Michael Hunter

Keeping HOA open meetings productive and on track

I am a big proponent of homeowners’ association (HOA) boards keeping their meetings open to members when possible. This promotes an atmosphere of transparency and gives homeowners an opportunity to see and understand how the HOA functions. It also helps homeowners better appreciate the often difficult situations board members grapple with on a routine basis.

North Carolina law requires HOA boards to open meetings to owners’ questions and concerns “at regular intervals,” although the law does not specify how frequently these open meetings should occur. I recommend that HOA boards have open meetings at least four times a year.

HOA boards should continue to utilize closed meetings (also known as “executive session”) to discuss matters of a sensitive or private nature, such as homeowner delinquencies and violations, employment issues, and vendor contract negotiations. However, boards that keep all meetings closed to members only breed suspicion and contempt in owners.

6 tips for good HOA board meetings

The column below was written by my colleague Bryan Kuester, president of Kuester Management Group, which manages homeowners’ associations in North Carolina and South Carolina. His company’s website is http://kuester.com/hoa-management-services/.

Open meetings are essential for HOA communities because they give all association members the opportunity to get involved. This lets homeowners know that their voice is being heard, and also gives them a way to stay aware of topics regarding the management of the community.

For open meetings to be productive, certain rules and expectations should be set:

1. Present concerns or topics for discussion in writing ahead of time so they can be included on the agenda for the next meeting. Open forums are a great way for members to express their views, but nothing can be voted on until it is on the agenda so that it can be deliberated by the board.

2. Maintain a consistent routine. Make each meeting follow the same general format so that members know what to expect. Conduct official business first before opening the floor for comments from homeowners so they are able to hear debate on issues before sharing their opinions. Enforce a time limit so that each person is given equal time to speak and no one dominates the meeting.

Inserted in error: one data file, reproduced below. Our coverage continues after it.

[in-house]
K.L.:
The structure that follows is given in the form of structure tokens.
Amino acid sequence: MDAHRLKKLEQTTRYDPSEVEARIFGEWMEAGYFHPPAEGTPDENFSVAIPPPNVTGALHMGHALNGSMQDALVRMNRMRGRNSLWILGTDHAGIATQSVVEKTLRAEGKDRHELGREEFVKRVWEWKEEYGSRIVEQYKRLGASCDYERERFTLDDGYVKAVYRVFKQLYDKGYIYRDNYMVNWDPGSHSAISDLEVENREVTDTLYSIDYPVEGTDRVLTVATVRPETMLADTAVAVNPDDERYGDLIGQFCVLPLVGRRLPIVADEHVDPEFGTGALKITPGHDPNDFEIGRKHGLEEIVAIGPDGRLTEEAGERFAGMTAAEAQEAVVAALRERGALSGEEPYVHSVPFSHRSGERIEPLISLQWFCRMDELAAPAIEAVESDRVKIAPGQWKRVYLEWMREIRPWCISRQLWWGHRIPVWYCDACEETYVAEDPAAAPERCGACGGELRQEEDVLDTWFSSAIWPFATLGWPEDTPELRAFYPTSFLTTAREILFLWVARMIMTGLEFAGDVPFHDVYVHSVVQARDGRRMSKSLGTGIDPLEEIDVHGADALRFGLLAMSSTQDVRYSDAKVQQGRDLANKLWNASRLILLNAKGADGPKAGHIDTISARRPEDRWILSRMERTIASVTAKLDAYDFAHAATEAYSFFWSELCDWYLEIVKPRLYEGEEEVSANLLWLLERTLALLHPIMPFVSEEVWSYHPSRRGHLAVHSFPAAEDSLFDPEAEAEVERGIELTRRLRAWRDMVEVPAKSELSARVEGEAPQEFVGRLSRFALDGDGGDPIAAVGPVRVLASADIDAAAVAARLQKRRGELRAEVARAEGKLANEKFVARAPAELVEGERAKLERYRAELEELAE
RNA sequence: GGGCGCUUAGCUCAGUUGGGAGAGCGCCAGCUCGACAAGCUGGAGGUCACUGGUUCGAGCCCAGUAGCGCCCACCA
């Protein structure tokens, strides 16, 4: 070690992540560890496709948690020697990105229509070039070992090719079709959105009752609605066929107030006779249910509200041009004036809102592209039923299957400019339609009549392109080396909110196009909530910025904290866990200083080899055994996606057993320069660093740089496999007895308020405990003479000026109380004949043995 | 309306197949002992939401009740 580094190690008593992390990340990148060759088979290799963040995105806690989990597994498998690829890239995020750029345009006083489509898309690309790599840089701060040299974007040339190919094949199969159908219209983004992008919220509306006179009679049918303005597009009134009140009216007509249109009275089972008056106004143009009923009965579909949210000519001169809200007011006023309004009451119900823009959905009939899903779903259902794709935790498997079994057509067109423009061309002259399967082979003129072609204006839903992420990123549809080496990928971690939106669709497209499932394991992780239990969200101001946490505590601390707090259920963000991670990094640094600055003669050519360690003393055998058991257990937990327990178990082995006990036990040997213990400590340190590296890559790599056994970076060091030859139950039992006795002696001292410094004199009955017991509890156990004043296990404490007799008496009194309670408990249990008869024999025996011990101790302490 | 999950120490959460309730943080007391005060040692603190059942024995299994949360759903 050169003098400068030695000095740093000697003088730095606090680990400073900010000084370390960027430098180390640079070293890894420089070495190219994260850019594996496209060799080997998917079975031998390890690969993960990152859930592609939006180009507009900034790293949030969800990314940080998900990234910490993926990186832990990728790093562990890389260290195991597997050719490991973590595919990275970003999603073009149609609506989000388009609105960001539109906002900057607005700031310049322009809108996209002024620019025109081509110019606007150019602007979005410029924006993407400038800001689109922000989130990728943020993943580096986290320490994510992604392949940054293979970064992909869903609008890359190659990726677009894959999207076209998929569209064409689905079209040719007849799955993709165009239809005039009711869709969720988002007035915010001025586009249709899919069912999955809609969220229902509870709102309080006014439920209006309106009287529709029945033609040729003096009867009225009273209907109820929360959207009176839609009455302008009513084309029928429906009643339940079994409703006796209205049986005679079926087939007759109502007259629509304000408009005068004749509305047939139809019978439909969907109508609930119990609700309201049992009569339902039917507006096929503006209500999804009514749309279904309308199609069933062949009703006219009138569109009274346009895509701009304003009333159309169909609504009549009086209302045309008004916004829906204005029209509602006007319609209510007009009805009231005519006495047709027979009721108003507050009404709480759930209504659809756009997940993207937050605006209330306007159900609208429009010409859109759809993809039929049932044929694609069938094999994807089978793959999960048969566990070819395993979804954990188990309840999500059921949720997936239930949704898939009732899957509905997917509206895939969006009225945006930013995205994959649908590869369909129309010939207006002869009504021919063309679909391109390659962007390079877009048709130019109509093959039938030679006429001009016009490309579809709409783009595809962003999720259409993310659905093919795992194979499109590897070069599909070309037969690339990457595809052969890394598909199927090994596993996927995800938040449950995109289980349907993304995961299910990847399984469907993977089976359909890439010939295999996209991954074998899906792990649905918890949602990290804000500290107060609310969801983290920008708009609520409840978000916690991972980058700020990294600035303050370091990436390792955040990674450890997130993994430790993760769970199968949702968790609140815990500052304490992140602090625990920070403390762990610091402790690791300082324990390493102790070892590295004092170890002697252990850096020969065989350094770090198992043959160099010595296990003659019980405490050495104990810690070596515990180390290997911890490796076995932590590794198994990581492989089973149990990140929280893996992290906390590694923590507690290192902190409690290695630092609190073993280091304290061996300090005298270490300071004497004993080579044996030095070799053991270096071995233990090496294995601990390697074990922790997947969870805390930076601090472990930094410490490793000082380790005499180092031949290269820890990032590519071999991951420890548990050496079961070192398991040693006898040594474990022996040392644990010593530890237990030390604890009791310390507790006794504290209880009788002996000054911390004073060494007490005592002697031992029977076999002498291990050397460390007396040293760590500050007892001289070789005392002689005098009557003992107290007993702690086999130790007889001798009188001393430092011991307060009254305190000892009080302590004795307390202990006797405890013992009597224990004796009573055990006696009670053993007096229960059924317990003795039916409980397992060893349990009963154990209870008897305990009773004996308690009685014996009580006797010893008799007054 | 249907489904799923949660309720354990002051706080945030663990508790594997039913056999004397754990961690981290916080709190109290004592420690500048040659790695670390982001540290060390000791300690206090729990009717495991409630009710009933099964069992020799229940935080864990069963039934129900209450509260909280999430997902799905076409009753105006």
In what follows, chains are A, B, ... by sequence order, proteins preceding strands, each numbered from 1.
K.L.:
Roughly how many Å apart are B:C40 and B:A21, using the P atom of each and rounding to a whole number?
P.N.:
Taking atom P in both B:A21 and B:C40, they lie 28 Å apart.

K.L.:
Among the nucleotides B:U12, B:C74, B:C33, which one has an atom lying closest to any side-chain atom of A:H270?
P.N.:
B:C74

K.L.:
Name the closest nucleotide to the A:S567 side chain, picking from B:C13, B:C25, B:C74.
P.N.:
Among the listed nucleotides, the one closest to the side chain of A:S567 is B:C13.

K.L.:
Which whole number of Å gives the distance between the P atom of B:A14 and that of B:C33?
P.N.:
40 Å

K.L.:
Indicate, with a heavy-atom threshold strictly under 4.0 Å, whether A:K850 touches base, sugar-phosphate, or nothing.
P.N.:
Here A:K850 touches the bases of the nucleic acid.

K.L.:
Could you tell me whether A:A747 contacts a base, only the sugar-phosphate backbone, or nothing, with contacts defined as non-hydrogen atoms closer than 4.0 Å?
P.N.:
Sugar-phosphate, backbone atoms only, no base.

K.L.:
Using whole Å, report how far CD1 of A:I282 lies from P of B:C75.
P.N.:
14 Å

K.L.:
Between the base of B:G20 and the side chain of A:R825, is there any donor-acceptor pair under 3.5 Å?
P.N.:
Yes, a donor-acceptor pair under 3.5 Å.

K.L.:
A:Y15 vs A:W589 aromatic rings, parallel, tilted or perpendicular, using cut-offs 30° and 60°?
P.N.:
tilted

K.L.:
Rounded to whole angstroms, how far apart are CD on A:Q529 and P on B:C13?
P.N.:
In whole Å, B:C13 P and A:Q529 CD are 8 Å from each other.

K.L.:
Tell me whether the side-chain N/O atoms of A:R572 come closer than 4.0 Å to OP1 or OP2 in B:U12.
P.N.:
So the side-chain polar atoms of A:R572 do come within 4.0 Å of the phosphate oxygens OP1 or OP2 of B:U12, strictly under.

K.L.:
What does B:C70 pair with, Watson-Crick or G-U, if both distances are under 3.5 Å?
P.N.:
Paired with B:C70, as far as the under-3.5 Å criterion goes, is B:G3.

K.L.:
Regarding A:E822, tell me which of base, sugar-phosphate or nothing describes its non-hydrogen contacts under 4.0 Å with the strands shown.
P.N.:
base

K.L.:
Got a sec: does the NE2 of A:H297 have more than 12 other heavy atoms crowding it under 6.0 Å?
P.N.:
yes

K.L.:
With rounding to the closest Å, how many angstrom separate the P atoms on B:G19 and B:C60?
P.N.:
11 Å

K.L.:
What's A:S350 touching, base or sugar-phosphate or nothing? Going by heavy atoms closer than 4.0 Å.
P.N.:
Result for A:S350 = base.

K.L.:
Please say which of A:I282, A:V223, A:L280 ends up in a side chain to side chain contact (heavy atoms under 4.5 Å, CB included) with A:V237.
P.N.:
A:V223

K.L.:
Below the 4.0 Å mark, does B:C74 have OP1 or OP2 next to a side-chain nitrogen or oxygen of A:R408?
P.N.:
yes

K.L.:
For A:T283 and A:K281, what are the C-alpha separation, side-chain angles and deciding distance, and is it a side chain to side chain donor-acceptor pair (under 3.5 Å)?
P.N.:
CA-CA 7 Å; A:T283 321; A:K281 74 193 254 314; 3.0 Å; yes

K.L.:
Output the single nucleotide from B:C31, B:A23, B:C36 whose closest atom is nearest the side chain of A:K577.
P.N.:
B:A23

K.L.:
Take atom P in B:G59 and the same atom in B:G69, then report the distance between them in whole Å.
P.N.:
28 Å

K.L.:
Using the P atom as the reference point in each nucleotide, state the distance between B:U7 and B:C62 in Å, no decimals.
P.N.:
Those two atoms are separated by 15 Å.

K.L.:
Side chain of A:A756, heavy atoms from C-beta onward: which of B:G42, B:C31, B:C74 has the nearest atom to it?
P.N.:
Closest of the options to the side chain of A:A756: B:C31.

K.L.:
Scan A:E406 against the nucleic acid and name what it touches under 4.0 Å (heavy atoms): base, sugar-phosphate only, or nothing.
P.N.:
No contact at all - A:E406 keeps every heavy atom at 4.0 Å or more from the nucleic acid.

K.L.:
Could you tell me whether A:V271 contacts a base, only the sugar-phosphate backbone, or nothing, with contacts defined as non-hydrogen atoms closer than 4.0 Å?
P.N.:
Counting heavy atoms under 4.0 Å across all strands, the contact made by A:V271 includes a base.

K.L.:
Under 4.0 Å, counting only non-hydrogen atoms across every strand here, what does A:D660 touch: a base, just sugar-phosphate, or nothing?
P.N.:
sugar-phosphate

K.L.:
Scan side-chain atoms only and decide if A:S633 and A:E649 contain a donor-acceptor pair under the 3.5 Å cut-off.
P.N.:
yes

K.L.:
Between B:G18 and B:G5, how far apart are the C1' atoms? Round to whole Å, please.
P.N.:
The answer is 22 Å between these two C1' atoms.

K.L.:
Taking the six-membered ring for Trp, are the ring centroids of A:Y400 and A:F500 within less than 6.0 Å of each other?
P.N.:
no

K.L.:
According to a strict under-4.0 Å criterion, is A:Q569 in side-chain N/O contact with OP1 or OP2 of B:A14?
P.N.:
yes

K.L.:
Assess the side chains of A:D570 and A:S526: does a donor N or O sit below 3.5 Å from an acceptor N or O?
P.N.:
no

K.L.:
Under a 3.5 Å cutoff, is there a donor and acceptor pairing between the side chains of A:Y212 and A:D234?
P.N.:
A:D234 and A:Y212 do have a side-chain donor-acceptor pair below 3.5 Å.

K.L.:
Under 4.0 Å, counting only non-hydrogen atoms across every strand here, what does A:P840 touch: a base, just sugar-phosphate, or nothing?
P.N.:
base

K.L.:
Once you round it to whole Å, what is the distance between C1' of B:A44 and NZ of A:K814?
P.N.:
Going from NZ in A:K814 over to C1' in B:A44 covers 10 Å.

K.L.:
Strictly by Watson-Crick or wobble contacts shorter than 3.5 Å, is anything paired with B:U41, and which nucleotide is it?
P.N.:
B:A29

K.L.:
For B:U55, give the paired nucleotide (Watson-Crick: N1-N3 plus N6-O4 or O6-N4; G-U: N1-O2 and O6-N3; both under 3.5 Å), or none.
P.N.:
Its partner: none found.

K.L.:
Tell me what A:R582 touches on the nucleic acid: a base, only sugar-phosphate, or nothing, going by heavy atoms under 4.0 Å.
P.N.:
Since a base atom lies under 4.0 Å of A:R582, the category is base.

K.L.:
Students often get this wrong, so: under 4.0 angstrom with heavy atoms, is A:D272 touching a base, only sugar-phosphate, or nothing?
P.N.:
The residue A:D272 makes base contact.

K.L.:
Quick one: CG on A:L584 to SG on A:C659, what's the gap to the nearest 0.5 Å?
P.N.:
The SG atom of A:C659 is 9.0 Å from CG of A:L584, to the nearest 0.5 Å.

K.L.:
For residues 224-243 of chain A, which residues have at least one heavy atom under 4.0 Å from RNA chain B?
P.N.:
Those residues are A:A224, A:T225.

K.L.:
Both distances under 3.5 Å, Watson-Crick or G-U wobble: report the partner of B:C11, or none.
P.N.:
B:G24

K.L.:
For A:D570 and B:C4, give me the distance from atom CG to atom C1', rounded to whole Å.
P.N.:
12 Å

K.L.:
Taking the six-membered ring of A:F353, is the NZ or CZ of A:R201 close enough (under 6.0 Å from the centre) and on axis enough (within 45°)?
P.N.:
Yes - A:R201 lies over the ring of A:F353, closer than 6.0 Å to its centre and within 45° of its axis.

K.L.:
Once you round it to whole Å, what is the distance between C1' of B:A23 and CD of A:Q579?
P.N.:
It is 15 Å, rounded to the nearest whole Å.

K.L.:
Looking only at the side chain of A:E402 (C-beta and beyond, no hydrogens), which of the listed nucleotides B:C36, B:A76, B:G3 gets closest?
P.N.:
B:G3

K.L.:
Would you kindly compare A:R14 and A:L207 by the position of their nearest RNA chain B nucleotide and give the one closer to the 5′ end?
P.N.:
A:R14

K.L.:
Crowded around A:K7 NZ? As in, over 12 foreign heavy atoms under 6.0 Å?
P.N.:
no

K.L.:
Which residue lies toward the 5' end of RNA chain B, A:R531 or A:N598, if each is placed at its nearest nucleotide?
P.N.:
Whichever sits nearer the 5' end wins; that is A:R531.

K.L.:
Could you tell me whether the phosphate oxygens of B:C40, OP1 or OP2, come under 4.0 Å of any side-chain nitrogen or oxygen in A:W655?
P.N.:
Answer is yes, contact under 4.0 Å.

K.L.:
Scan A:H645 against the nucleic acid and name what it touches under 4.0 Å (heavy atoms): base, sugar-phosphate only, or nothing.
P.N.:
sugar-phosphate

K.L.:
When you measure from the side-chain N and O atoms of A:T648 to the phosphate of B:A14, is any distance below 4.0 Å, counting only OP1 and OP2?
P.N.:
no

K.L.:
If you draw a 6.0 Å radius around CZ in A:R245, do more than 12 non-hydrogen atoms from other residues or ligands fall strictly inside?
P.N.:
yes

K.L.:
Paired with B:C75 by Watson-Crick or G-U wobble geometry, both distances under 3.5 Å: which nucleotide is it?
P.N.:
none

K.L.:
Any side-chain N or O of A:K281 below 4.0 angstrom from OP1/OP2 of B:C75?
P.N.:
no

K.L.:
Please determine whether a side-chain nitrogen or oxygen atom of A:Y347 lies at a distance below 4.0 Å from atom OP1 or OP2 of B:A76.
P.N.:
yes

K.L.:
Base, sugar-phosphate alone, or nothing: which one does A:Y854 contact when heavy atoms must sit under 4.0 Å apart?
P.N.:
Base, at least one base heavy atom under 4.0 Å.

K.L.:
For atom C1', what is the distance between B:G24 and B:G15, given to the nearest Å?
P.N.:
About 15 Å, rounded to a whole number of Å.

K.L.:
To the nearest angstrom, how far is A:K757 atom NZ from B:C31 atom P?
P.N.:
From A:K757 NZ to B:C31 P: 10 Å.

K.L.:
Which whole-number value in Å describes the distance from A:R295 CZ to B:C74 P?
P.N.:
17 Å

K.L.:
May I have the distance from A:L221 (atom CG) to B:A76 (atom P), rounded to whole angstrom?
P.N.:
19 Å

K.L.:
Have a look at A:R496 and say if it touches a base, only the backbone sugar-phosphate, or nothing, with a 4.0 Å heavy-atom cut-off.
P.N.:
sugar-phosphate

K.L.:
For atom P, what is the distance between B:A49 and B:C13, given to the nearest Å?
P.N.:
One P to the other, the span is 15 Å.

3. Post notification about upcoming meetings at least 48 hours in advance so that members have time to make arrangements to attend. Notices should be placed in visible locations and include the time, date, and location of the meeting. Encourage HOA management, board members, and homeowners to attend.

4. Keep a professional environment and demeanor throughout the meeting. Everyone should be treated respectfully and this precedent should be set from the start. Emotions can run high on certain topics, so try to stay focused and on point. Thank members for sharing their concerns or opinions and let them know that their input will be taken into consideration. The board cannot vote on matters brought up in the open forum.

5. Remain transparent and open when discussing budgets, repairs, projects, rules and regulations, and other factors that affect the community and its members.

6. Homeowners should have access to data as outlined by HOA regulations. Letting them know exactly how funds are being spent can ease pushback.

Running an organized and structured meeting can enhance productivity and drive results. The more that homeowners, boards, and management work together, the more peaceable living they can achieve. Before conducting meetings, ensure you have reviewed the regulations set forth by your state or HOA.

Charlotte attorney Michael Hunter represents community and condominium associations for the firm of Horack Talley. Email questions to home@charlotteobserver.com. Not every question receives a reply. Find his blog at www.CarolinaCommonElements.com.

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